A report from financial firm Ernst and Young, commissioned by the American Hospital Association, shows that the federal revenue forgone due to tax-exempt nonprofit hospitals is far outweighed by the community benefit these facilities deliver.
Ernst and Young used estimates from 2013, which is the most recent year for which the information was available from the hospitals. The estimates are based Medicare hospital cost reports for roughly 3,000 nonprofit general hospitals. The reports were not audited financial reports, but were filed with the federal government.
The report results showed that in 2013, the estimated tax revenue forgone thanks to the tax-exempt hospitals' status totaled $6 billion. However, those hospitals contributed an estimated $67.4 billion to their community's health, 11 times more than the tax revenue forgone.
Four items included in the total benefit were: financial assistance and means tested government programs and other benefits; community building activities; medicare shortfall; bad debt attributable to charity care.
Of the $67.4 billion of community benefits, $34.7 billion was comprised of financial assistance, unreimbursed Medicaid, and other unreimbursed costs from means-tested government programs, and the remaining $32.6 billion reflected all other community benefits provided.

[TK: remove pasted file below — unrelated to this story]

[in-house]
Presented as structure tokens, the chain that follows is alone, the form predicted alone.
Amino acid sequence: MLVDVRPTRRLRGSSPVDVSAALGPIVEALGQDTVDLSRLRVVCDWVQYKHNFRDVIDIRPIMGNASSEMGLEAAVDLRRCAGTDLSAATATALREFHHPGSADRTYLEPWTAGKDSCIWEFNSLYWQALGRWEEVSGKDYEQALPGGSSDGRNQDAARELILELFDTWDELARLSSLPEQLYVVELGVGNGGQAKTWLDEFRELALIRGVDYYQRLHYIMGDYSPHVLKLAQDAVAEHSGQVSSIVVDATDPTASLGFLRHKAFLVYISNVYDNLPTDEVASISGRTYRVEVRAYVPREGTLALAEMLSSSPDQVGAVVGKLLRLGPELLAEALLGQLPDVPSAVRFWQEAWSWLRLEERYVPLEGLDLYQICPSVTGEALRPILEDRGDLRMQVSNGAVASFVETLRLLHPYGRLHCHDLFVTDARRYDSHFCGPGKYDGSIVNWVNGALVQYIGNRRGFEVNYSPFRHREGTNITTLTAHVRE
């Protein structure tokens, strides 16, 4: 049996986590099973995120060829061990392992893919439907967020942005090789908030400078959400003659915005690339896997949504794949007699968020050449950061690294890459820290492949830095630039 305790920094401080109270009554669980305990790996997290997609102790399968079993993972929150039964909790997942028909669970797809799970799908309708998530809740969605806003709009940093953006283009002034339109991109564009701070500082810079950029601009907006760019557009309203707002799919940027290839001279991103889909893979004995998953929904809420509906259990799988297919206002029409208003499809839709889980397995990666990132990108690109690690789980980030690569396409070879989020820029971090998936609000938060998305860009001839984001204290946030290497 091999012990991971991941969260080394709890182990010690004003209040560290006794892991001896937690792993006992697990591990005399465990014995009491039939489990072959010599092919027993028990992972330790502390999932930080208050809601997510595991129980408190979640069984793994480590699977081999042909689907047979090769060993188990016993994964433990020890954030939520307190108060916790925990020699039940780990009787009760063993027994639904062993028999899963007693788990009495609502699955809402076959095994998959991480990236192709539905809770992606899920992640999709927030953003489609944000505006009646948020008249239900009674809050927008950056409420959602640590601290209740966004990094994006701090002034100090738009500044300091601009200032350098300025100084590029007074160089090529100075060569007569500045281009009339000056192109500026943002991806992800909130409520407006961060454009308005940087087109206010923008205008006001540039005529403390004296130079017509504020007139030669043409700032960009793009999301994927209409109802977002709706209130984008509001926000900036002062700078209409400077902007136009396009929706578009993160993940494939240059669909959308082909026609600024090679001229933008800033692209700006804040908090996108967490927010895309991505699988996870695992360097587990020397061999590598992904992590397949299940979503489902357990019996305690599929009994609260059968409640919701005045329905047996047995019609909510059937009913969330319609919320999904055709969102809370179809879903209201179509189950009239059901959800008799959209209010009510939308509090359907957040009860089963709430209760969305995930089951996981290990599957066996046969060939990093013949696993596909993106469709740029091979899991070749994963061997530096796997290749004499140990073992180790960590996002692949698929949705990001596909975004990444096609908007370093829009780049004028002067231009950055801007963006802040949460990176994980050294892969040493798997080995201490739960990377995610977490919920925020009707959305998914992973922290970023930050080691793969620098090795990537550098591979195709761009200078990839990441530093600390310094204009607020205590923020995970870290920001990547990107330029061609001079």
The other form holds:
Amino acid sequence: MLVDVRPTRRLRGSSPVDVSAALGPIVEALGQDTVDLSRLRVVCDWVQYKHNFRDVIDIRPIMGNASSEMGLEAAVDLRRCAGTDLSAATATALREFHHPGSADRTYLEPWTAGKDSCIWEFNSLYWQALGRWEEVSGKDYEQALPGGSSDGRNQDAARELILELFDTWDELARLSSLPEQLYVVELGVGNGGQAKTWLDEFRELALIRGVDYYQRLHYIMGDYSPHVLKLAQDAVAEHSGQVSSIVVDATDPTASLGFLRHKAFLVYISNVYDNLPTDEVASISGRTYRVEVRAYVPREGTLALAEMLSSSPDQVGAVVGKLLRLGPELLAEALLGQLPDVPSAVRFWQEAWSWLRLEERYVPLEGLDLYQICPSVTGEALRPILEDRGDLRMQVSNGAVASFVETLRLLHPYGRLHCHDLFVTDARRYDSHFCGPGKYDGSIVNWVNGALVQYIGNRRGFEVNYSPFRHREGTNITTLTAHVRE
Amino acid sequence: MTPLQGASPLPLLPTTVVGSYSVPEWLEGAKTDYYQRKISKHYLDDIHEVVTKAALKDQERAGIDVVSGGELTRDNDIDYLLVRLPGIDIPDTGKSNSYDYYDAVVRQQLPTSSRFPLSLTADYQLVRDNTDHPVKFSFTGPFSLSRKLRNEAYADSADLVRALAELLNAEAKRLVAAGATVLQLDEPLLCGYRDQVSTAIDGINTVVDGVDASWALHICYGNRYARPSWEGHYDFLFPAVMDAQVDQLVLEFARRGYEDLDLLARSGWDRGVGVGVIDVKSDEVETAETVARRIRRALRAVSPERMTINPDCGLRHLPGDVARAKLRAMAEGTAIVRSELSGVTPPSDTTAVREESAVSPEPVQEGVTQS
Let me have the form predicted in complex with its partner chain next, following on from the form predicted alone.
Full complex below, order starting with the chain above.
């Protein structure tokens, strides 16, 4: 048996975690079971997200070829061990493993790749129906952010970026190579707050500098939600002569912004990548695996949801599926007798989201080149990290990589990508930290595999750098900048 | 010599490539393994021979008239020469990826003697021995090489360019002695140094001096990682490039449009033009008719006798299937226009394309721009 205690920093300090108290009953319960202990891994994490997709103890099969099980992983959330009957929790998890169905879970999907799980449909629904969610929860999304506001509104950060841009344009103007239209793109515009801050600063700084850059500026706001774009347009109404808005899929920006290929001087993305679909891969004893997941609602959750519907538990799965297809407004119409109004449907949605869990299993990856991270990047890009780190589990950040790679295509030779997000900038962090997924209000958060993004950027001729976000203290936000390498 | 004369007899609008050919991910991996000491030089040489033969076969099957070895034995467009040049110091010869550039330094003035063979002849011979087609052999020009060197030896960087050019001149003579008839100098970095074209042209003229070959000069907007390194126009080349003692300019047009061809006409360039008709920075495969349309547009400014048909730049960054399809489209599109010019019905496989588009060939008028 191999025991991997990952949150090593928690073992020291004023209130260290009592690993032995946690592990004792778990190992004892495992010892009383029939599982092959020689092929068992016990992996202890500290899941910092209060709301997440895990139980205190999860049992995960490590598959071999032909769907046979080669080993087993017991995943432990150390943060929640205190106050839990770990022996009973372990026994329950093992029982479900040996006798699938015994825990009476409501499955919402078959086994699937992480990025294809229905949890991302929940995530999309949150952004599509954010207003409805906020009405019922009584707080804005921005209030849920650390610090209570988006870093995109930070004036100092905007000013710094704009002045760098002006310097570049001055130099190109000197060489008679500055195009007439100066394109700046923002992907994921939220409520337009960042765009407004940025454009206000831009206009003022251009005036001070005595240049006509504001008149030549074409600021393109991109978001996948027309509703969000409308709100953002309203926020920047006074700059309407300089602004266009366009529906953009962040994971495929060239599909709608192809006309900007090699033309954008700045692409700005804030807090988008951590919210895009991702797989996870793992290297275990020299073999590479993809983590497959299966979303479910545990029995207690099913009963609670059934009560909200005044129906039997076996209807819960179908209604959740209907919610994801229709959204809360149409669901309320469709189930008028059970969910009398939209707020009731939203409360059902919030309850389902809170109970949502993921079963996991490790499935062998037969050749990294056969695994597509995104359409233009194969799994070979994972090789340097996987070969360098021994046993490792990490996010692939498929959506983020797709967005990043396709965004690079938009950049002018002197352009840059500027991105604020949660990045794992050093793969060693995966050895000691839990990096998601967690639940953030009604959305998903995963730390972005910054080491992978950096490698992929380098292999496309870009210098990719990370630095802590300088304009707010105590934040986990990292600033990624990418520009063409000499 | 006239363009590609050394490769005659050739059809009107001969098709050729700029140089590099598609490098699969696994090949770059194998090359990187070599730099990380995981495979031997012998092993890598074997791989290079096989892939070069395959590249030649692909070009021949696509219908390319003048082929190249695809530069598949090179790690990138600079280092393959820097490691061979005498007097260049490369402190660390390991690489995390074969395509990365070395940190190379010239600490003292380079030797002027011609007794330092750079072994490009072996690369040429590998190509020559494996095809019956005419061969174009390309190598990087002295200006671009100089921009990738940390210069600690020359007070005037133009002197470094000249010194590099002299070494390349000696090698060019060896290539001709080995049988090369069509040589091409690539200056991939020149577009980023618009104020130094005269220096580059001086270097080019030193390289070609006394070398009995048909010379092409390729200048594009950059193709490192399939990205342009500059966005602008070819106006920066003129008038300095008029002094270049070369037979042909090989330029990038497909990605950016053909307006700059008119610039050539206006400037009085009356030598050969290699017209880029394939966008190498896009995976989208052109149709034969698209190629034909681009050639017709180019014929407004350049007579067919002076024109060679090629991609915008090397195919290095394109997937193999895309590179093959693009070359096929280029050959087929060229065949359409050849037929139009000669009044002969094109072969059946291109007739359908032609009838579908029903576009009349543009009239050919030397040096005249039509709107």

Tax-exempt, nonprofit hospitals have come under greater scrutiny in the last 1-2 years, as their operations can skew from being entirely nonprofit to a hybrid of nonprofit and profitable activities as they look for ways to bring revenue in and form beneficial partnerships. A new precedent was set, and many hospital leaders were set on edge, when the IRS revoked a hospital's tax-exempt status in August.
The move likely sent a chill down the collective spine of many organizations, who rely on the status to keep from paying sizeable tax bills, and opening gaps in already-problematic budgets. The report, at a minimum, shows a sizeable community contribution by these hospitals, who often serve the under or uninsured and other disadvantaged or high-risk populations while simultaneously struggling with low reimbursement rates from the programs that cover them.